The drought of 1979–80 in West Bengal was the next major drought and caused a 17% decline in food production with a shortfall of 13.5 million tonnes of food grain. Stored food stocks were leveraged by the government, and there was no net import of food grains. The drought was relatively unknown outside of India. The lessons learnt from the Maharashtra and West Bengal droughts led to the Desert Development Programme and the Drought Prone Area Programme. The intent of these programmes was to reduce the negative effects of droughts by applying eco-friendly land use practices and conserving water. Major schemes in improving rural infrastructure, extending irrigation to additional areas, and diversifying agriculture were also launched. The lessons from the 1987 drought brought to light the need for employment generation, watershed planning, and ecologically integrated development.

In March 2013, according to Union Agriculture Ministry+, over 11,801 villages in Maharashtra were declared drought affected+. red worst, next to the another one in Maharashtra in 1972.

Deaths from malnutrition on a large scale have continued across India into modern times. In Maharashtra+ alone, for example, there were around 45,000 childhood deaths due to mild or severe malnutrition in 2009, according to the ''Times of India''. Dhawan|2010|p=1

Growing export prices, the melting of the Himalayan glaciers due to global warming, changes in rainfall and temperatures are issues affecting India. If agricultural production does not remain above the population growth rate, there are indications that a return to the pre-independence famine days is a likelihood. People from various walks of life, such as social activist Vandana Shiva+ and researcher Dan Banik, agree that famines and the resulting large scale loss of life from starvation have been eliminated after Indian independence in 1947.|group=fn However, Shiva warned in 2002 that famines are making a comeback and government inaction would mean they would reach the scale seen in the Horn of Africa+ in three or four years.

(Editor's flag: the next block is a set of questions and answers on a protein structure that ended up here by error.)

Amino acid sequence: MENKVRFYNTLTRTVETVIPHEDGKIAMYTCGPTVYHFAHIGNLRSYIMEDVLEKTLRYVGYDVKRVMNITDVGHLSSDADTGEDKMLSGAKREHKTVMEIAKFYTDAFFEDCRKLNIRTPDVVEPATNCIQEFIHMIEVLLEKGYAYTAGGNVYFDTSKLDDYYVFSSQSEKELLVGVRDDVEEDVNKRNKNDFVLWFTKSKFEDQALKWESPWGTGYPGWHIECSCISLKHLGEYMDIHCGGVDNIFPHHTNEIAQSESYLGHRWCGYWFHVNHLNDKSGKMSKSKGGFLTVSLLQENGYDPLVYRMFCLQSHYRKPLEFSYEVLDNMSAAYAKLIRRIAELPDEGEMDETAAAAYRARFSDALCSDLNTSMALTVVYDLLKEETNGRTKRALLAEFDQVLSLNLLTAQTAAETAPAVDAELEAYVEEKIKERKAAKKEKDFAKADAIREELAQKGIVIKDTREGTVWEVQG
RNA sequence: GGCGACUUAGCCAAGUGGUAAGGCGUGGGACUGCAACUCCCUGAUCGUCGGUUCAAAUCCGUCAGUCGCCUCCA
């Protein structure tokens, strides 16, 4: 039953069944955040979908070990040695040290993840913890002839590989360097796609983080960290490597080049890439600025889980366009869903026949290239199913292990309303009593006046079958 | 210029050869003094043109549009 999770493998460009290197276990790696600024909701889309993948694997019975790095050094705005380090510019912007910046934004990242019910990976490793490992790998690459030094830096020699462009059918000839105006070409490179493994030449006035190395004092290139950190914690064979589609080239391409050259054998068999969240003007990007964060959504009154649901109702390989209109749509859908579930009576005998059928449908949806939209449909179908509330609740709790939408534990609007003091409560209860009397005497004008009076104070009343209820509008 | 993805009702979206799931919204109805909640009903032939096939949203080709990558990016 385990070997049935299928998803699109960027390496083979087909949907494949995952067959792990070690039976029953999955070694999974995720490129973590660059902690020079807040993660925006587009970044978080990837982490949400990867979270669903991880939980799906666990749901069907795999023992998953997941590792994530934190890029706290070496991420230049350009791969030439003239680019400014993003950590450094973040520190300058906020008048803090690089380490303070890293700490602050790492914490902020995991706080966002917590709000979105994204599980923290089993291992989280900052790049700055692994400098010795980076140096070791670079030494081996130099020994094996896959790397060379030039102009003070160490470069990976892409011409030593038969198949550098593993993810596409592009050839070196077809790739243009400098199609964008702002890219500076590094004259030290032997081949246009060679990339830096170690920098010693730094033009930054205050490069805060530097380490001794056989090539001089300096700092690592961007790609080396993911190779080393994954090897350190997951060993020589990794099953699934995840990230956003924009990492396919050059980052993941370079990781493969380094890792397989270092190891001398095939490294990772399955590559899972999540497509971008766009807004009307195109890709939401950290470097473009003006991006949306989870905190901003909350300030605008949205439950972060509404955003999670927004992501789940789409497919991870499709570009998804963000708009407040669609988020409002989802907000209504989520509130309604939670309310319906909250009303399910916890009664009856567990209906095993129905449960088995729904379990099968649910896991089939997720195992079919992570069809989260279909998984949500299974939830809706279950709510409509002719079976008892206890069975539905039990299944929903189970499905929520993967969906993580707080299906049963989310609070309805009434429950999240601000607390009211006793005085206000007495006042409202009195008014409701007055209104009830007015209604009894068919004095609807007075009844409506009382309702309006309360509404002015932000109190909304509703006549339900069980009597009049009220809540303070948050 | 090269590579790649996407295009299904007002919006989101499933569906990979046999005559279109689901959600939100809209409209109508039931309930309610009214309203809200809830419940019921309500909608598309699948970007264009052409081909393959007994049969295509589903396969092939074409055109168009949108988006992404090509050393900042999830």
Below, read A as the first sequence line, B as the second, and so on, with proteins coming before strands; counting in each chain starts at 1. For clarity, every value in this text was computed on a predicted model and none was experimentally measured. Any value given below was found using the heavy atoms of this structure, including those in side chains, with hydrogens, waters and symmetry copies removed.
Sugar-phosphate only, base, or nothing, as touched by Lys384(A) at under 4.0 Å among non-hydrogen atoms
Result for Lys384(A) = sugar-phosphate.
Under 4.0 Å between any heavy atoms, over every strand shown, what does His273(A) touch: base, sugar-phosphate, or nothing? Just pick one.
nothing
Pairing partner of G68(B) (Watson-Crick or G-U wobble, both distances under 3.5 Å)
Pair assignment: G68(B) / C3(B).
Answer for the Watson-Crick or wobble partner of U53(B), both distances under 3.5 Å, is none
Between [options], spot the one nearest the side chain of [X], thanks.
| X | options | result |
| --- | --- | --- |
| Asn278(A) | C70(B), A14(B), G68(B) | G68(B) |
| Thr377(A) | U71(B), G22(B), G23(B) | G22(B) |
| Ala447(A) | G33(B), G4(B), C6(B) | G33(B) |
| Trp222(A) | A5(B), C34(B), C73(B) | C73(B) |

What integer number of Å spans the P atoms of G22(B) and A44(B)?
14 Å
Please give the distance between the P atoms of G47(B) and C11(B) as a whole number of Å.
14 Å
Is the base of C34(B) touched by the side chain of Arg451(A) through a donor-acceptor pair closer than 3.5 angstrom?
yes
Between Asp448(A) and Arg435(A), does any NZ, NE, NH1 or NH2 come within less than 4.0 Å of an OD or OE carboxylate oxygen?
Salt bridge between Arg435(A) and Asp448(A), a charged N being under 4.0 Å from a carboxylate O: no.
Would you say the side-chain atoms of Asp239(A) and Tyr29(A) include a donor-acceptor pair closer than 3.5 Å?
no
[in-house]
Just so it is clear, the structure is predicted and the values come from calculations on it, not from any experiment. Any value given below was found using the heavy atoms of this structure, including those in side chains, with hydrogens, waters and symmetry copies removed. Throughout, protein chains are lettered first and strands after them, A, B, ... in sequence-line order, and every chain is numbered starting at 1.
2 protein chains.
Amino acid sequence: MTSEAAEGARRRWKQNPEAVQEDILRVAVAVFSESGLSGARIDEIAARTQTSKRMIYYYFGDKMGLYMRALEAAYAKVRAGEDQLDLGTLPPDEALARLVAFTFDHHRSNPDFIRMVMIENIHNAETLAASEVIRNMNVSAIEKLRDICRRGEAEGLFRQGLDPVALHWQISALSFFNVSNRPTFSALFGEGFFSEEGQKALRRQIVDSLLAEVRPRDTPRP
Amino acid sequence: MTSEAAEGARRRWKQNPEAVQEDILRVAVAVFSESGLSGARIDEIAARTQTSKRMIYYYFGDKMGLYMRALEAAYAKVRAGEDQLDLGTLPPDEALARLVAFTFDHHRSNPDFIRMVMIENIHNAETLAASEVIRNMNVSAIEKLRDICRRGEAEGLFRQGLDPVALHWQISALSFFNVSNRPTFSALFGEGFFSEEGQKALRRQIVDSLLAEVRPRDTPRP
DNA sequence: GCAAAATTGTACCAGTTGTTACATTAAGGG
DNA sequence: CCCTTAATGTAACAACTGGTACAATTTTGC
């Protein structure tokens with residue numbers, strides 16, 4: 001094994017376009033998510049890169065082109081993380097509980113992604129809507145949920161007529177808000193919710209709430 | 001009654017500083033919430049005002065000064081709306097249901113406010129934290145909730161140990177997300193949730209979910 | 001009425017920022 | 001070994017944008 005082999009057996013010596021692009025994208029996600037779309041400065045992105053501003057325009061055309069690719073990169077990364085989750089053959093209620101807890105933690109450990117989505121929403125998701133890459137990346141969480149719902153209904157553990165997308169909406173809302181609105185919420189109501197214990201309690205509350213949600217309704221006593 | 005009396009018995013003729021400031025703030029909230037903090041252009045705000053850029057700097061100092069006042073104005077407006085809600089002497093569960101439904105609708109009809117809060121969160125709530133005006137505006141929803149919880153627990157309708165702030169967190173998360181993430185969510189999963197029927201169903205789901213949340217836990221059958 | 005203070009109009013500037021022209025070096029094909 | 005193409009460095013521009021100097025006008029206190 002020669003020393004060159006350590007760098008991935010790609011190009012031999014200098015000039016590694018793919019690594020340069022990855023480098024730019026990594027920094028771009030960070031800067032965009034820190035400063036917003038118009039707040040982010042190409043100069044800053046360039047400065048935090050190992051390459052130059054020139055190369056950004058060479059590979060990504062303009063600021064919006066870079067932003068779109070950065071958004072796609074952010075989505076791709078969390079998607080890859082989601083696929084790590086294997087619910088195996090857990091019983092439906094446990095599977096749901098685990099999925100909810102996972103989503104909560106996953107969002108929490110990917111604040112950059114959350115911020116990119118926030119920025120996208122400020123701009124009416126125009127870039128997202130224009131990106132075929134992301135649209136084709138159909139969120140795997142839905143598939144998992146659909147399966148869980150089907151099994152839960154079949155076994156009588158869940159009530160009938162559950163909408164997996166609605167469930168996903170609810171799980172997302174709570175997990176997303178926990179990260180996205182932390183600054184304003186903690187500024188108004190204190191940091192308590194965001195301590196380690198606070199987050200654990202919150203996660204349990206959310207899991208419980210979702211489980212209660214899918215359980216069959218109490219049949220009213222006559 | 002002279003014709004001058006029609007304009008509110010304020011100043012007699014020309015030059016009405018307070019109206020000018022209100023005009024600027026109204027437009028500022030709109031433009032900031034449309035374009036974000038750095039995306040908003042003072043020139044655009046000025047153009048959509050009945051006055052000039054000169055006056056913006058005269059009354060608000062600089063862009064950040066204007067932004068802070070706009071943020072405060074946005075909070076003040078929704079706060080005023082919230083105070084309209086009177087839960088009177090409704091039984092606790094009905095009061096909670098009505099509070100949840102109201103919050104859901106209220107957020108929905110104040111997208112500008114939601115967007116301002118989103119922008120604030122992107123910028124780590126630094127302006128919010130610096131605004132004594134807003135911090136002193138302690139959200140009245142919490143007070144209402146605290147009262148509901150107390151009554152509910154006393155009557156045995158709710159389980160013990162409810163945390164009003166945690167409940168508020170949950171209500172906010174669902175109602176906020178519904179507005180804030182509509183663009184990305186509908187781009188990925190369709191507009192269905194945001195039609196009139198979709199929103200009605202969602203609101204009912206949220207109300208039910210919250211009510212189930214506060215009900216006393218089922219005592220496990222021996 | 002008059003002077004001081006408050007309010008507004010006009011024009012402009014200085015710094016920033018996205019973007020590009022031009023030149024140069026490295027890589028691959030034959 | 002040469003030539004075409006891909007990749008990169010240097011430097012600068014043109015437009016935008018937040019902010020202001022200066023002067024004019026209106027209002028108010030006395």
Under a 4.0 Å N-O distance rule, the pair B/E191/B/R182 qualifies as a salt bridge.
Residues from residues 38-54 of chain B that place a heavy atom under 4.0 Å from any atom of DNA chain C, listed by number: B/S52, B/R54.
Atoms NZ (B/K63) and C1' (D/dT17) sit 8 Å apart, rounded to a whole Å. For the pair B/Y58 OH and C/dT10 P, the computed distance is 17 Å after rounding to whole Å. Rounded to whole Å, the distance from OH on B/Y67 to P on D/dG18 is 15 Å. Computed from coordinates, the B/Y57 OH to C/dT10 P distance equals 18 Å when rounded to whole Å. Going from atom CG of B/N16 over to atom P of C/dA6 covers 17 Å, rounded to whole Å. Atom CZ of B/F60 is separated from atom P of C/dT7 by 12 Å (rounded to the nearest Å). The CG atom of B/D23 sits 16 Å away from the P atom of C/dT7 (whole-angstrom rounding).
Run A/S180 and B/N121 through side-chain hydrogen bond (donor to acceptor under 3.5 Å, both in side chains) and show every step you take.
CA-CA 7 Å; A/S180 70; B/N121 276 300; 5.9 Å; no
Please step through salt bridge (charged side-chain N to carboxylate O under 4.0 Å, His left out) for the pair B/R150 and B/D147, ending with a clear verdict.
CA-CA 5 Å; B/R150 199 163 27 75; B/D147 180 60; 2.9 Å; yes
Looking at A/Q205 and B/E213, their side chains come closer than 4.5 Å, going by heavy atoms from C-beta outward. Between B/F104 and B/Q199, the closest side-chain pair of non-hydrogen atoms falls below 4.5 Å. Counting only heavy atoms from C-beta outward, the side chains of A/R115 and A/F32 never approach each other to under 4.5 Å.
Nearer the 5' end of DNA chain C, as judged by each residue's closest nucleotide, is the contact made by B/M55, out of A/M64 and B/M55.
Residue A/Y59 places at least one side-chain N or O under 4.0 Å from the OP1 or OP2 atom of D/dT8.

* Drought in India+
* Famines, Epidemics, and Public Health in the British Raj+
* Great Irish famine+
* List of famines+
* Timeline of major famines in India during British rule+
* Bengal famine of 1943+

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Social issues in India:

Famine in India+ Famine had been a recurrent feature of life in the Indian sub-continental countries of India, Pakistan and Bangladesh, and reached its numerically deadliest peak in the late 18th and early 19th centuries.